The world of weed is undergoing a tectonic shift. No longer regarded as a dangerous or “hard” drug, cannabis—in one form or another—is now legal in most US states. And whereas smoking was once the primary method of consuming weed, several popular alternatives have been introduced, from vaping to dabbing to drinking commercial beverages. Nevertheless, a few elements of cannabis culture are still stuck in the past. If you want an example, look no further than the indica vs sativa vs hybrid paradigm.
For a long time, people have been using indica vs sativa as the basis for understanding the many varieties of cannabis and their effects. Since its inception, this system of classification was rarely called into question. That’s beginning to change as we learn more about the role of terpenes in the cannabis plant, particularly with regard to the psychoactive and therapeutic effects produced by certain strains.
Is it time to ditch the indica vs sativa vs hybrid formula in favor of a terpenes-based model? Let’s take a closer look.
Origins of the indica vs sativa vs hybrid system
It dates back to the 1700s, when French scientist Jean Baptiste Lamarck divided cannabis into two subgroups based on how the plants looked. Since some were short and stout while others were tall and narrow, he believed they represented distinct species (indica and sativa, respectively), and that each species had disparate effects.
Lamarck’s rather dubious theory was ultimately adopted and managed to survive into the 21st century. Indeed, the popular modern distinction between indica and sativa—that the former is more relaxing while the latter is more intense—comes straight from Lamarck’s subjective 18th century observations.
Over the years a third cannabis class developed and has since become predominant: the hybrid, a cross between indica and sativa. Well-known examples include OG Kush, Chemdawg and Girl Scout Cookies.
Hybrids are further classified according to whether they contain more indica than sativa, or vice versa. It is still common to hear users talk about indica vs sativa vs hybrid high, as though they are fundamentally different.
What are the effects of sativa/indica/hybrid?
According to classical stoner wisdom, there are palpable differences between the two species of marijuana. Many users swear they can tell a sativa from an indica based on the type of high they experience.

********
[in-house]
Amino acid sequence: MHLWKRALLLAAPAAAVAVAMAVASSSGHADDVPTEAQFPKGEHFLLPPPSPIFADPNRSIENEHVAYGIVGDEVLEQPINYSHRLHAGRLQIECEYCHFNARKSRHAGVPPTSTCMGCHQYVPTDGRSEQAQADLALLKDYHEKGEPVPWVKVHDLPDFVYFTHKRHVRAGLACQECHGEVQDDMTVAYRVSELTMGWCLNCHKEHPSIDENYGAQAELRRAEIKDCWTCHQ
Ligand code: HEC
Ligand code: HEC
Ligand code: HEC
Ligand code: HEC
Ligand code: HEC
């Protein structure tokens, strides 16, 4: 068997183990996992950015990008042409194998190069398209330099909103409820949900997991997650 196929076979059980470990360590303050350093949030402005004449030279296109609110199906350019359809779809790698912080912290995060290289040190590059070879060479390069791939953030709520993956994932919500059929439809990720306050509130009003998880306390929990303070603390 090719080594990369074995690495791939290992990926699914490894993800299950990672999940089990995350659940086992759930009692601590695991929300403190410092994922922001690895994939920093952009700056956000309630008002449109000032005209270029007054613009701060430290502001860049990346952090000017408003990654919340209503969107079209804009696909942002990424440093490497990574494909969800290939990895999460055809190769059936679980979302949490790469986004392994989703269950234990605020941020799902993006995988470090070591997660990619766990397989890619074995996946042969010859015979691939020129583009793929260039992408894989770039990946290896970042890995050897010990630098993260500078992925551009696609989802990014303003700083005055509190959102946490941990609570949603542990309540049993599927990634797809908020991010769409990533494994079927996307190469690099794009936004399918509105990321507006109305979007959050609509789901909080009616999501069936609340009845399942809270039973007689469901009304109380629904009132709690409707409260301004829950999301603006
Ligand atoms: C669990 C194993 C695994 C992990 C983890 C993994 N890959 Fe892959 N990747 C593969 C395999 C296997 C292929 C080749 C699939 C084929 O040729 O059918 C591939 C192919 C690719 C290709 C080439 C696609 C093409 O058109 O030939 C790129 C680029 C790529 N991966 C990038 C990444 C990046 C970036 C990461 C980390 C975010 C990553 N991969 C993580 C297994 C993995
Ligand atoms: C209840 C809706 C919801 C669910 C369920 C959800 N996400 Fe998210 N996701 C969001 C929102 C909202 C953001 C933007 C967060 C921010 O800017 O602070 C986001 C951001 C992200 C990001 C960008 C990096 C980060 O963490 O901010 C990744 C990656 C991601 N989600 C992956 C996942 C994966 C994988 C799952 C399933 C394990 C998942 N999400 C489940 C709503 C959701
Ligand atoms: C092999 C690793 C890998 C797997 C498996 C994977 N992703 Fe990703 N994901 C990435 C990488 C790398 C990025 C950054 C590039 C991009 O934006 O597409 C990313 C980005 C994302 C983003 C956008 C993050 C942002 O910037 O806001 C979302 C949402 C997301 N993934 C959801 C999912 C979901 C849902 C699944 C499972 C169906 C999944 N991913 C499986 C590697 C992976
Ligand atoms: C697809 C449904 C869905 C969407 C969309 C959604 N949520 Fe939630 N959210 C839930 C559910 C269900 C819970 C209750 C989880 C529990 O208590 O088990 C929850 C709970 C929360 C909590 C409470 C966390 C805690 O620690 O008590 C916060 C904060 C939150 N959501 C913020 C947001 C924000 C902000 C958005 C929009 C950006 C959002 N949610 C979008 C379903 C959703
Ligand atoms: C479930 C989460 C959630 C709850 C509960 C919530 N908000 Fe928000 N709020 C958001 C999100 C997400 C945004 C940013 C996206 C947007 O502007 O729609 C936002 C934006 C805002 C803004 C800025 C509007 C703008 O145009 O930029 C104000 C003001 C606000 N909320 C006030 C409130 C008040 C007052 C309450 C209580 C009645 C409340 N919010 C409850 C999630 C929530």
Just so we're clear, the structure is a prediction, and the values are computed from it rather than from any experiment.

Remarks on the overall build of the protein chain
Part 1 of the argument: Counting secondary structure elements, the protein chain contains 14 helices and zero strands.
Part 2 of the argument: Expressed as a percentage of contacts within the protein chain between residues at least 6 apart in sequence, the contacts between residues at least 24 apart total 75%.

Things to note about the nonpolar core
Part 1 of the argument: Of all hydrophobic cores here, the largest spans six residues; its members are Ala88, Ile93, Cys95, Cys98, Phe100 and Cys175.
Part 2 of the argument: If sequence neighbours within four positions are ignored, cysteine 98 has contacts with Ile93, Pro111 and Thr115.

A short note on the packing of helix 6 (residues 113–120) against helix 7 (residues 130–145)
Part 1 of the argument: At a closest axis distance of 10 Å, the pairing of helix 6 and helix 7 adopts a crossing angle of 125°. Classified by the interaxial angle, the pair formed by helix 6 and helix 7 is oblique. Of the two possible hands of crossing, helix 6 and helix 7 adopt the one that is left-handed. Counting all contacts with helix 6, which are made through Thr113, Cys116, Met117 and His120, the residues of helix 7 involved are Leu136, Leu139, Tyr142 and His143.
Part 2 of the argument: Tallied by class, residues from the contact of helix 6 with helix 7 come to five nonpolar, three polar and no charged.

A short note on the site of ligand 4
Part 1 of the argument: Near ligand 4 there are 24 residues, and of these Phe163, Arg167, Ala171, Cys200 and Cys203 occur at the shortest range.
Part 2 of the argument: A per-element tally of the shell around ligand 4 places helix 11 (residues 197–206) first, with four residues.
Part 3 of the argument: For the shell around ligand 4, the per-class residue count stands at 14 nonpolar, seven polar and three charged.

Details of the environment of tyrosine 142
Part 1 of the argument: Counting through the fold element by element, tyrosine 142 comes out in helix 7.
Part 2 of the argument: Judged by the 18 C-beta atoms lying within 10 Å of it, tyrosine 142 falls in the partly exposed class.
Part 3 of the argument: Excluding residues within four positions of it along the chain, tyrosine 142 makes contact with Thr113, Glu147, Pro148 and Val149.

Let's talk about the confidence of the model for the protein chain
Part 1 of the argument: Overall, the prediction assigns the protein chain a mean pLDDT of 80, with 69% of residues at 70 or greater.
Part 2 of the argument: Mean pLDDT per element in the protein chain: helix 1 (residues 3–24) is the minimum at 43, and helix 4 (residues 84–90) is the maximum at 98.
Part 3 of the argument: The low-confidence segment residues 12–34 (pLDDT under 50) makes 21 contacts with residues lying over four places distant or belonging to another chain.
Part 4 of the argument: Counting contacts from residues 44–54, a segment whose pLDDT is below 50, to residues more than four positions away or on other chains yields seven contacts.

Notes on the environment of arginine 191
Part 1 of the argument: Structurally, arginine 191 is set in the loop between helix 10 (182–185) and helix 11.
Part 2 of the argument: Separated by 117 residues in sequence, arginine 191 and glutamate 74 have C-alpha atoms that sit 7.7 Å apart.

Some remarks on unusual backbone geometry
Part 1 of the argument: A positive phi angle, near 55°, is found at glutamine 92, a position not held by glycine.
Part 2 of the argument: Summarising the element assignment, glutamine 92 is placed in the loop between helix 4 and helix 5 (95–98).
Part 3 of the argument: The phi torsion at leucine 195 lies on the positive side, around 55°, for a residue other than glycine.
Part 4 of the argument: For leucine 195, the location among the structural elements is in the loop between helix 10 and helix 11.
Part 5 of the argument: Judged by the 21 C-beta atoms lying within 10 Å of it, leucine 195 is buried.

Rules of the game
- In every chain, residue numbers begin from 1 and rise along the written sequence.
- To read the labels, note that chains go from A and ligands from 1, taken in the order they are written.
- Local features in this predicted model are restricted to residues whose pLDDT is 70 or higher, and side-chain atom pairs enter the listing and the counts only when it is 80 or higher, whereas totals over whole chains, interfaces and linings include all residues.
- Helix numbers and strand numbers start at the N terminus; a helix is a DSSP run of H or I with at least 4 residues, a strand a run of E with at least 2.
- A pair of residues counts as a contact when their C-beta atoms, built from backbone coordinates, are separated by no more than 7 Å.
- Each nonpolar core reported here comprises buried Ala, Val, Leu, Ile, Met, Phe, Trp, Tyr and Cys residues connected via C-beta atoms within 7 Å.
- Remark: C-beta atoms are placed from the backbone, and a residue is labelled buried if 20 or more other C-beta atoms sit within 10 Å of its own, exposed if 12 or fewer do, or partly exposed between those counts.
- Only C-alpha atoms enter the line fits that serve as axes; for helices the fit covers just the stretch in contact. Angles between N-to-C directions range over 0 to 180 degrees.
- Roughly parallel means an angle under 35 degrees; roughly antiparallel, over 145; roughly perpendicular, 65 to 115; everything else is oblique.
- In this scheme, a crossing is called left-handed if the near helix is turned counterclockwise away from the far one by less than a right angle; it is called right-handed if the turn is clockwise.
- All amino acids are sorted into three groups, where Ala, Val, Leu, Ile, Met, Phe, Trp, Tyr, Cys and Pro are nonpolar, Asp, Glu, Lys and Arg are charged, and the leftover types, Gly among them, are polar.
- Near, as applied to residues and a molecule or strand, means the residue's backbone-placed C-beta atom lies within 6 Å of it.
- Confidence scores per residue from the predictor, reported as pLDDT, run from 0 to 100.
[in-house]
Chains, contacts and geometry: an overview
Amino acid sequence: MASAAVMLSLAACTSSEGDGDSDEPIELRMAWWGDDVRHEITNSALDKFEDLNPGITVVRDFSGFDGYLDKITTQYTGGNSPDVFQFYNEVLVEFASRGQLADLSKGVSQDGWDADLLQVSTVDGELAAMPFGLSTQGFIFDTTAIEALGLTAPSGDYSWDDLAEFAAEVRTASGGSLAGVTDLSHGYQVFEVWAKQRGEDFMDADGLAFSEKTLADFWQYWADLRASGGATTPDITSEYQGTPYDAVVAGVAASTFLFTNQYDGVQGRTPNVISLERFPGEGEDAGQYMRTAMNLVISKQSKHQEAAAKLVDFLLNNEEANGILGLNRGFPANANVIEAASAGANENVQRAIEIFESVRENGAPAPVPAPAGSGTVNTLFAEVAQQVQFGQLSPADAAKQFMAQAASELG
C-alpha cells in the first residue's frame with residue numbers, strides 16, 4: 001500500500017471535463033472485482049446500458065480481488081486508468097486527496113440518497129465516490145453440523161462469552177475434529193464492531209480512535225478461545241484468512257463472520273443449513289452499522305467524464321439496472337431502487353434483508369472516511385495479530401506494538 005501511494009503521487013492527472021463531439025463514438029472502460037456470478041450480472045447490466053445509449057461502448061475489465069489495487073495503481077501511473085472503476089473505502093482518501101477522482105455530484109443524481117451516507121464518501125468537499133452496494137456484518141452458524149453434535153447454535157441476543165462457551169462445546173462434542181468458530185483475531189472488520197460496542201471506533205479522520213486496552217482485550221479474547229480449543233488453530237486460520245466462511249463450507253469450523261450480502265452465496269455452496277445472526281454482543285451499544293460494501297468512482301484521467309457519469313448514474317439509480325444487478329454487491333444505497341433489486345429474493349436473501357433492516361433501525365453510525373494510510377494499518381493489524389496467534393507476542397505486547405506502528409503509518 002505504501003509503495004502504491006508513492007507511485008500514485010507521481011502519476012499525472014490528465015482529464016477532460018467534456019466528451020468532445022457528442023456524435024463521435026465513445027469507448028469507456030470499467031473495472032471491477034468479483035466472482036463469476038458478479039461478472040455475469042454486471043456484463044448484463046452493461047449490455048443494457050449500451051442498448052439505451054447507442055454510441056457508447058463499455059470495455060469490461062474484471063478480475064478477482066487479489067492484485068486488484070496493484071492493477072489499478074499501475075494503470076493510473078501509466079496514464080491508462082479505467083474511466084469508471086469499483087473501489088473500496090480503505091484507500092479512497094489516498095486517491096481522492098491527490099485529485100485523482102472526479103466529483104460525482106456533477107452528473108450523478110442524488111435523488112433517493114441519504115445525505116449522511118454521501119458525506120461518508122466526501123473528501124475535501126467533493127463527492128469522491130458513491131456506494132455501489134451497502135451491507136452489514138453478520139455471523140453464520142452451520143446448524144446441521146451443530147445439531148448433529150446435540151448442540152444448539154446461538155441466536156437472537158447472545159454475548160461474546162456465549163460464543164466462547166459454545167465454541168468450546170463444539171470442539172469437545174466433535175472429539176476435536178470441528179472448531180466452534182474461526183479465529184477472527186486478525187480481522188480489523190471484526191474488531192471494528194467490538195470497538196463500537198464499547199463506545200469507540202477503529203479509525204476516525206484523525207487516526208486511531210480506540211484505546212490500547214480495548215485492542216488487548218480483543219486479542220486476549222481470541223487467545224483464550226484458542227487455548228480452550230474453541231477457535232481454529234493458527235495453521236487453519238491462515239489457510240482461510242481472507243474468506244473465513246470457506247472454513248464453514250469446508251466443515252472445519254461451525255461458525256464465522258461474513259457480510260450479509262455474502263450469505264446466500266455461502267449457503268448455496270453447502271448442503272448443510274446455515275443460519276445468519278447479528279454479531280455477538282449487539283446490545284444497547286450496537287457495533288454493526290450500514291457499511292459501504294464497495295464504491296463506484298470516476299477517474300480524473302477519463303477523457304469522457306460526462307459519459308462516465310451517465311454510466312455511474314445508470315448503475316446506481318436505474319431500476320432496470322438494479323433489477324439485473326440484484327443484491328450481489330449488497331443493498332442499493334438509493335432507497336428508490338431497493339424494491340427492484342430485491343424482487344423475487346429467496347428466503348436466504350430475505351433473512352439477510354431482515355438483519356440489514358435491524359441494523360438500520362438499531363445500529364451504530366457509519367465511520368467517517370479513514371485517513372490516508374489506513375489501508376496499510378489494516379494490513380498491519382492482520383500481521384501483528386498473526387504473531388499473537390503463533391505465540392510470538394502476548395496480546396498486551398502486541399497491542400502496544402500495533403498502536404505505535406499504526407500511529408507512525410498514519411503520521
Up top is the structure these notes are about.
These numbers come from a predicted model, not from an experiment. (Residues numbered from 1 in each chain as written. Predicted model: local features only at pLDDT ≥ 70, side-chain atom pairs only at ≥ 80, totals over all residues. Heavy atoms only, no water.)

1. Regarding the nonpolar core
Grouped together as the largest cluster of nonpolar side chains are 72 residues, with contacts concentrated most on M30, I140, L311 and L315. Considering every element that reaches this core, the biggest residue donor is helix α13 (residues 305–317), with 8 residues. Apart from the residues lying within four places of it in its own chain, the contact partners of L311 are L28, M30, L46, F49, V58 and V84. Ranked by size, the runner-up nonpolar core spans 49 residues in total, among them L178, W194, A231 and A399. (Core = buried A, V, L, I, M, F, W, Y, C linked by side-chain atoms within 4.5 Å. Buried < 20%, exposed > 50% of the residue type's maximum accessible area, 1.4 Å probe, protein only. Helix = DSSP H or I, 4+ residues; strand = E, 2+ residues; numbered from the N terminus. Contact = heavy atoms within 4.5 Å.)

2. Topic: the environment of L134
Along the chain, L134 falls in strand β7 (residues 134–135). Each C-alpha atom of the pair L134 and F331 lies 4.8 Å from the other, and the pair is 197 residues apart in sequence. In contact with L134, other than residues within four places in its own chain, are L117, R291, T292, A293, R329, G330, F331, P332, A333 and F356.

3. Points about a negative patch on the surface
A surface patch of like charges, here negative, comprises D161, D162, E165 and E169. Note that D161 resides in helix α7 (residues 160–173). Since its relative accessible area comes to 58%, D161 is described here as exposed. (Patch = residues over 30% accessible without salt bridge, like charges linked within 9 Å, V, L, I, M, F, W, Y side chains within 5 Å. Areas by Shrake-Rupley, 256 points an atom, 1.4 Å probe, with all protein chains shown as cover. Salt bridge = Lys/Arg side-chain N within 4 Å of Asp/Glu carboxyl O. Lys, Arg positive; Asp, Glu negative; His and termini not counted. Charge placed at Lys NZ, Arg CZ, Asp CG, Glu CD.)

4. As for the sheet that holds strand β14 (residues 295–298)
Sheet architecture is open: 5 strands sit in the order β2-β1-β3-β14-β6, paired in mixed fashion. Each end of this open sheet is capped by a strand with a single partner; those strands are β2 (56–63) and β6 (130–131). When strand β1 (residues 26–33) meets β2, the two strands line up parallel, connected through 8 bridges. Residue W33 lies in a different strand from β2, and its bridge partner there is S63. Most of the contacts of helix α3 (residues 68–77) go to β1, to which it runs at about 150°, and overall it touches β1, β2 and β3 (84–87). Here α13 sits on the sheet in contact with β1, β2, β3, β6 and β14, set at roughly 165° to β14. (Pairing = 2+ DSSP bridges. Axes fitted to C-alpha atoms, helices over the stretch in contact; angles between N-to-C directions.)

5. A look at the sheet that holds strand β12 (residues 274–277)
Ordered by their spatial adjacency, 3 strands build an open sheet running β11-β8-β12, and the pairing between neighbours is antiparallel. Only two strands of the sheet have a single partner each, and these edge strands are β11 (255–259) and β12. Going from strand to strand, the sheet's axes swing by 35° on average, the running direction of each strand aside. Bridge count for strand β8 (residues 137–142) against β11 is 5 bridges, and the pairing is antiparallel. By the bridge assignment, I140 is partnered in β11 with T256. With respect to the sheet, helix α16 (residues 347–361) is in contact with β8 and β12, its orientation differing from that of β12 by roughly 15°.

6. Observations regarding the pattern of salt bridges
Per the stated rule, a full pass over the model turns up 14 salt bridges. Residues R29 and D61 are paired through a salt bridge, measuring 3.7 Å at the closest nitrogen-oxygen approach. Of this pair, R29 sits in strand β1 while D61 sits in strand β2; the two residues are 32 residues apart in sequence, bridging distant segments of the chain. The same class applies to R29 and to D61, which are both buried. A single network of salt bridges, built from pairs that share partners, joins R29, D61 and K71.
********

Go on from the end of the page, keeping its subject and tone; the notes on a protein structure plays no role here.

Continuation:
Anecdotally, indica strains are said to provide a more relaxing high that permeates the whole body, good for unwinding at the end of a stressful day. On the other hand, sativa strains are associated with a more vigorous cerebral experience marked by get-up-and-go and feelings of happiness, as well as unpleasant side effects like anxiety and paranoia.
Northern Lights is a celebrated indica strain known for its powerful sedative effects; thus, Northern Lights terpenes are a favorite of users who want to loosen up and slow things down. At the other end of the spectrum, Tangie terpenes appeal to those seeking a dose of euphoric energy and a lift in spirits.
Is the indica vs sativa vs hybrid classification outdated?
If we’re concerned with scientific accuracy, then yes, the traditional classification system is outdated and ought to be discarded.
Consider this. In a 2015 study, researchers analyzed dozens of samples of cannabis that were labeled either indica or sativa. They found no significant genetic differences between the two classes of weed, leading them to conclude that the indica-sativa dichotomy “only partially capture[s] the main axes of marijuana’s genetic structure.”
In other words, while the indica vs sativa vs hybrid model may be convenient for marketing purposes, it has little if any scientific credibility. What essentially happened is: humans detected differences between marijuana varieties, and, in an effort to explain and understand these differences, split the herb into two arbitrary categories that don’t actually exist.
Today our understanding of marijuana is more sophisticated. We know, for instance, that a strain’s effects are determined not by whether it’s an indica or sativa, but rather by its ratio of CBD to THC and its terpene profile.
Why terpene profiles are a better way to define your weed preference
Terpenes are best known for their aromatic properties. But as scientific studies continue to demonstrate, their effects extend far beyond the realm of aromas and flavors. The most abundant terpenes in cannabis—myrcene, beta-caryophyllene, linalool, limonene, etc.—all have proven health benefits.
The not-so-distant future could see terpenes routinely being used to help treat pain, inflammation, anxiety, insomnia, infections, and maybe even cancer. It’s no coincidence that medical marijuana is currently employed to treat a lot of the same ailments: as an essential component of the cannabis plant, terpenes play a starring role in the entourage effect, collaborating with CBD and THC to deliver optimal therapeutic effects.
No two terpenes are exactly alike, just as no two strains of cannabis are exactly alike. They have different smells, different tastes, and different effects. If you want to know why a particular strain smells the way it does, or why it induces a certain feeling, don’t just check to see if it’s an indica or sativa and call it a day. Go a step further and inquire into its terpene profile; you’ll learn a lot more that way.